One way to defend their approach would be to invoke the International Court of Justice's 2012 decision in the Jurisdictional Immunities Case (Germany v. Italy), which took a similar approach to questions of sovereign immunity. But the ICJ took this approach because the state parties to the dispute both agreed on it. See paragraph 61 ("Both Parties agree that States are generally entitled to immunity in respect of acta jure imperii."). In light of the parties' agreement, the ICJ was certainly justified in starting with a general rule of immunity and then looking for state practice sufficient to support exceptions. But as Curt again has reminded us in his contribution to Custom's Future, "ICJ decisions are technically binding only on the parties and thus should not automatically be treated as the last word by the international community on the content of [customary international law]" (p. 59).

Even if one adopts Curt and Jack's basic approach to sovereign immunity, there remains the question of how broadly or narrowly to read the state practice creating exceptions to the general rule. There is lots of state practice supporting a territorial tort exception to sovereign immunity - that is, an exception for torts that occur in the nation that would exercise jurisdiction over the foreign state. (See Jurisdictional Immunities paragraphs 62-79.) This is what allows Americans injured in traffic accidents by a foreign government employee to sue the foreign state for damages. One might argue that this state practice should be read narrowly to apply only in these sorts of situations. But states that have codified the exception have done so in general terms applicable to any tort.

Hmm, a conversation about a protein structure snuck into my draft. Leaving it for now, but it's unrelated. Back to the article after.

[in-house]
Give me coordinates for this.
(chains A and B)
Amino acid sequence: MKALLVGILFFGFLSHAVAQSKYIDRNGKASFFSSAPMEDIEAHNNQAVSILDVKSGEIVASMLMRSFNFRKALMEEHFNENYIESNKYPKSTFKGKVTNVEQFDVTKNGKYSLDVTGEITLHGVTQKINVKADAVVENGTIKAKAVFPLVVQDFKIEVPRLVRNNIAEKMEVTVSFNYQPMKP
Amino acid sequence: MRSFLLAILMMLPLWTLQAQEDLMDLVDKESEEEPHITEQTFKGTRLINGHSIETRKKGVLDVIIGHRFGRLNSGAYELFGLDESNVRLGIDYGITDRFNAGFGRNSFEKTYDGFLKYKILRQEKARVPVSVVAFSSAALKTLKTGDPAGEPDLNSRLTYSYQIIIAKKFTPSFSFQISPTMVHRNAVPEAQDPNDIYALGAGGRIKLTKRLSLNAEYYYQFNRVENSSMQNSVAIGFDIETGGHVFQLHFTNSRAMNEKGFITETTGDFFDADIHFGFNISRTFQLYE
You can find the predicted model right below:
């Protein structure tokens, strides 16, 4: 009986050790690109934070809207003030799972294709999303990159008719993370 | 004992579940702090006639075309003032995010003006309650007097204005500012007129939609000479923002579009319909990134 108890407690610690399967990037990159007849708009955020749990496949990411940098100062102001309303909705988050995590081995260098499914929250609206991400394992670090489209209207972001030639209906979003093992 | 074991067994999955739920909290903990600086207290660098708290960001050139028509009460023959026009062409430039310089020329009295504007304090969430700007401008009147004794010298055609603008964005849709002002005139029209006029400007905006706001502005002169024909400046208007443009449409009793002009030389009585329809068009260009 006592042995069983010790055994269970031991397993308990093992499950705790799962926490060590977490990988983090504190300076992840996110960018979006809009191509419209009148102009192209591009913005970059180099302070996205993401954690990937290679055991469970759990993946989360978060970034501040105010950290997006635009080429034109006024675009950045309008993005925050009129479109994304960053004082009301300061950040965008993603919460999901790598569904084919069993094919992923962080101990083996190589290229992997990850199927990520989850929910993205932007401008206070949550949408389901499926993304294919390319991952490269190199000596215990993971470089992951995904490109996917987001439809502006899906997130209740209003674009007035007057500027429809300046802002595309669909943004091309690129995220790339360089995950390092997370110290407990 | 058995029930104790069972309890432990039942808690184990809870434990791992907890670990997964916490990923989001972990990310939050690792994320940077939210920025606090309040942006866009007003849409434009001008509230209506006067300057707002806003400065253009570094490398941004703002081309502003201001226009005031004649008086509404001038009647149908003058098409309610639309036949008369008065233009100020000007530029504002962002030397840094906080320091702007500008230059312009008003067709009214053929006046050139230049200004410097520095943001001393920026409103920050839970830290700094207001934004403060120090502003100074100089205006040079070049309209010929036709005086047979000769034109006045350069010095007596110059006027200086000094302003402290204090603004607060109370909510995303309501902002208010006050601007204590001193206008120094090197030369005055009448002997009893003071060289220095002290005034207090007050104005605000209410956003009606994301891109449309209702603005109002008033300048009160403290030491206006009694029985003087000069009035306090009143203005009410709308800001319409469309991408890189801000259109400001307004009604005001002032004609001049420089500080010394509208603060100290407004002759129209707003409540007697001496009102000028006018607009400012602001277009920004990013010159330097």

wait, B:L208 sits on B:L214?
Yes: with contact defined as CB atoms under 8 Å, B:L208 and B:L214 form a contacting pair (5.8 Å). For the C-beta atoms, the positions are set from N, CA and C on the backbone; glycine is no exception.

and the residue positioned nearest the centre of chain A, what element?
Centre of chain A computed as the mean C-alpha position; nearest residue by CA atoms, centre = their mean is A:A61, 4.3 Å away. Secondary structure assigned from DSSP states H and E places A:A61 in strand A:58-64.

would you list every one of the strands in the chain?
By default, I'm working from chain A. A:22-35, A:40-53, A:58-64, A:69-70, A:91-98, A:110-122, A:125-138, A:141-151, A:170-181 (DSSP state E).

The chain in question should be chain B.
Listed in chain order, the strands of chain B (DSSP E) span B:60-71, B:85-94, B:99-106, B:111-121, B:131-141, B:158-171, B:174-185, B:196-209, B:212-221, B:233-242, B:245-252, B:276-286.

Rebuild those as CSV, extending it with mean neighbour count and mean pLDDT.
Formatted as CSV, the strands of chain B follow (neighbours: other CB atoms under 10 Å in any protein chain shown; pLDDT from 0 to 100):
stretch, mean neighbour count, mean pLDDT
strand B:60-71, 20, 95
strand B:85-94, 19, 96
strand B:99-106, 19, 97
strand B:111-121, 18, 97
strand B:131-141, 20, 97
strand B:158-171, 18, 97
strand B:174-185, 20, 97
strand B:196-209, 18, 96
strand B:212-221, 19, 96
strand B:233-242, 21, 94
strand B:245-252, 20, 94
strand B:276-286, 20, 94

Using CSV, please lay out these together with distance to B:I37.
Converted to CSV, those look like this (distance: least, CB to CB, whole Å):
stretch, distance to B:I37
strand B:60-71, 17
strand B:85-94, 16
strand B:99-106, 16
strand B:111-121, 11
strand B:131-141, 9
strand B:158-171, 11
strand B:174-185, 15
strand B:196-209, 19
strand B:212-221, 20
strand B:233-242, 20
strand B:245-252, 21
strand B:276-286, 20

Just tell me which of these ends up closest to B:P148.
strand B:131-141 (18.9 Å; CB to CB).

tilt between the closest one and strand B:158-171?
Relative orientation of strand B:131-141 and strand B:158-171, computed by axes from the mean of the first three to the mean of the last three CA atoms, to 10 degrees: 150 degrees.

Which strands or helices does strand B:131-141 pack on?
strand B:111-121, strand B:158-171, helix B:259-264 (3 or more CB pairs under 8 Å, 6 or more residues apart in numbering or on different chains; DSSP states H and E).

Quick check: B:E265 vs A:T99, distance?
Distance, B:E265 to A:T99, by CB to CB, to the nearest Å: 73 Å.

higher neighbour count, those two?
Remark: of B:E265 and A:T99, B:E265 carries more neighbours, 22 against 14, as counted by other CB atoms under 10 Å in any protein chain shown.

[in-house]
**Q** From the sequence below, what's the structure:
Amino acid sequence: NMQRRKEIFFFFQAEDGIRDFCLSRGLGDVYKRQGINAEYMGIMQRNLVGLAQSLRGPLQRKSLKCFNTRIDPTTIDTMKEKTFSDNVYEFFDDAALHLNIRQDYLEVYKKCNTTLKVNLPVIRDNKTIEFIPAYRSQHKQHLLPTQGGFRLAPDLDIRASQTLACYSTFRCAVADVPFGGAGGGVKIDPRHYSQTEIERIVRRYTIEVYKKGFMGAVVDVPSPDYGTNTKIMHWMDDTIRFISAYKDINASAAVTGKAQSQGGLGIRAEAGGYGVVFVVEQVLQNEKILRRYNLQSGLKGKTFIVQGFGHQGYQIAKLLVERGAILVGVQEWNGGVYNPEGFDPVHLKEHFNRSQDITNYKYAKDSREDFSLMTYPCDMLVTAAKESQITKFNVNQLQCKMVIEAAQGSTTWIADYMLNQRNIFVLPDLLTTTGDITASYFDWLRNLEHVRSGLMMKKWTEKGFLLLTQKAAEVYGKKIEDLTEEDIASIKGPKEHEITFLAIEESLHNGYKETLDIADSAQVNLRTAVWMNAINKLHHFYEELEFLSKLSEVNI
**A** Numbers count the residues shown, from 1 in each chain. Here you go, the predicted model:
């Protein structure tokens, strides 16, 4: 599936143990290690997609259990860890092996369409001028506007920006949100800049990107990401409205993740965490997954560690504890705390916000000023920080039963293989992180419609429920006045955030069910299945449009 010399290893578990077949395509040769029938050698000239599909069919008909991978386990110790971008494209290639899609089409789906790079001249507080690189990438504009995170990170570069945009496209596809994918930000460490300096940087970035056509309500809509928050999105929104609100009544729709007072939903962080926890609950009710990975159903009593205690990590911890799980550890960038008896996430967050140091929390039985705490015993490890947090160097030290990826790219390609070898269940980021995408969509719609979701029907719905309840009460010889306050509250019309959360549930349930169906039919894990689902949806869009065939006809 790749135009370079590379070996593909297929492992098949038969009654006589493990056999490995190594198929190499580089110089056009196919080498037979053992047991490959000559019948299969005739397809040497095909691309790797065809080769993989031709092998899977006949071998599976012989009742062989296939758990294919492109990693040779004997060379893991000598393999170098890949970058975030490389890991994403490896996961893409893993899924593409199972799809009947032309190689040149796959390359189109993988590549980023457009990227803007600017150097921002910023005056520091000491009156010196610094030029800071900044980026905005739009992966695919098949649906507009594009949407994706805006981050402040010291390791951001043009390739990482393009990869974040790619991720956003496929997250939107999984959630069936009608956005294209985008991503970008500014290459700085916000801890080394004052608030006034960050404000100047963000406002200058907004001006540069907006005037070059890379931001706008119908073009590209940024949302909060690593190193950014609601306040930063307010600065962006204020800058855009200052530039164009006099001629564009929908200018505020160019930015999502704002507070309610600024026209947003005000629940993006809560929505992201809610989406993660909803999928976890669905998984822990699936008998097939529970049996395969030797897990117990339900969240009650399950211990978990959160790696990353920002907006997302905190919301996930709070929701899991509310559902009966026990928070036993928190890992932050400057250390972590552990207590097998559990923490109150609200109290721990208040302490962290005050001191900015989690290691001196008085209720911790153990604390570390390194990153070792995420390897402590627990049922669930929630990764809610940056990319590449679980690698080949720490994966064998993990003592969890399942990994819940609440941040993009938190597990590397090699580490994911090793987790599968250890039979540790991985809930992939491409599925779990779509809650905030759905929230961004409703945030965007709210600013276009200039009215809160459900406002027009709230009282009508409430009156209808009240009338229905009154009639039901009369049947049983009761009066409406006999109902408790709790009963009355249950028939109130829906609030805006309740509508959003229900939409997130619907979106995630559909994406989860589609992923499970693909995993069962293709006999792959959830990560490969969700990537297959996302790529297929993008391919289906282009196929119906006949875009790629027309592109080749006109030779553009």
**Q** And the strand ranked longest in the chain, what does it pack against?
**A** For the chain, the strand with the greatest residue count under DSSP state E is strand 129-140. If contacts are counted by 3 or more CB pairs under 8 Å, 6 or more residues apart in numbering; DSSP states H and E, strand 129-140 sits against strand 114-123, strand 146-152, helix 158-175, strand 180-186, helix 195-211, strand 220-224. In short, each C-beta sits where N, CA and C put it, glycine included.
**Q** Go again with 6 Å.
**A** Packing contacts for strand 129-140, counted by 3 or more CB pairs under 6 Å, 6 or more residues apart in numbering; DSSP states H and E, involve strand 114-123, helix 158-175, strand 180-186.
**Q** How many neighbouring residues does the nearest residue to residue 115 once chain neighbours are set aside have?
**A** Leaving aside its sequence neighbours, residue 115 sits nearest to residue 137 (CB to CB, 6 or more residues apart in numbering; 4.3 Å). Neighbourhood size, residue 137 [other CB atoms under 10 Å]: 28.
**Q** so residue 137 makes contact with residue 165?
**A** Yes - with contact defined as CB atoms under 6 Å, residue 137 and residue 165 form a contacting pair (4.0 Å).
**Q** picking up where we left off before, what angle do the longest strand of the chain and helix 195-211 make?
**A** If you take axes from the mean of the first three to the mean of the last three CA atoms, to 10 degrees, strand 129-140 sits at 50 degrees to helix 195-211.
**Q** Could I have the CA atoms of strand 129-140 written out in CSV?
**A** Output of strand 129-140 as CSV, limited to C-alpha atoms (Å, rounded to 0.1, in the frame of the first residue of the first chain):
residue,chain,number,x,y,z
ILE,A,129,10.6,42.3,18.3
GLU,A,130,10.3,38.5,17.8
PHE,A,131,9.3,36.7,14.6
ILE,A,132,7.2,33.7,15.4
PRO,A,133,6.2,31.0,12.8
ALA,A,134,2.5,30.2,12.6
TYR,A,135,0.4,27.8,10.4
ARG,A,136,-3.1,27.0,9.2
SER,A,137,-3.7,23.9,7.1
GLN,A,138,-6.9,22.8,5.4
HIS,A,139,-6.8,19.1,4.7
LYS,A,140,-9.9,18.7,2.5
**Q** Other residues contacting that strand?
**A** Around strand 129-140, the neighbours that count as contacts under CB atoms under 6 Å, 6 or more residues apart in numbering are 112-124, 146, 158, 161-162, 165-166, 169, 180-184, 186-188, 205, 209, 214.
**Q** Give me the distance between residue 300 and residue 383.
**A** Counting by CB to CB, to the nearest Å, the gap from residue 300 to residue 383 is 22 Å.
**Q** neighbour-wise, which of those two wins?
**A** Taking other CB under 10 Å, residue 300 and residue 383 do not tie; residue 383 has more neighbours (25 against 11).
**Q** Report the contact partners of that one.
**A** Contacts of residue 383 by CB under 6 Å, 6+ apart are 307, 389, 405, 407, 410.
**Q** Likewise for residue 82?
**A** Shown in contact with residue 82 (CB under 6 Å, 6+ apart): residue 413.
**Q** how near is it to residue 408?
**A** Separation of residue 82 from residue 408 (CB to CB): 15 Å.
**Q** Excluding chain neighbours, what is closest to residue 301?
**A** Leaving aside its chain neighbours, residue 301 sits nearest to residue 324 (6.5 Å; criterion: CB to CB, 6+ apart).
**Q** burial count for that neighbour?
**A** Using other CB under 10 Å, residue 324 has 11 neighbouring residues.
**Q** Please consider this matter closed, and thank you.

The US Foreign Sovereign Immunities Act (FSIA) also codifies the territorial tort exception in general terms. (See 28 U.S.C. § 1605(a)(5).) But US courts have interpreted it to require that the "entire tort" occurs within the United States. (See the Second Circuit Court of Appeals 2013 decision from In re Terrorist Attacks on September 11, 2001.) It is this limitation that JASTA would remove. JASTA would still require that there be "physical injury or death, or damage to or loss of property, occurring in the United States," but it would make clear that the territorial tort exception applies "regardless of where the underlying tortious act or omission occurs."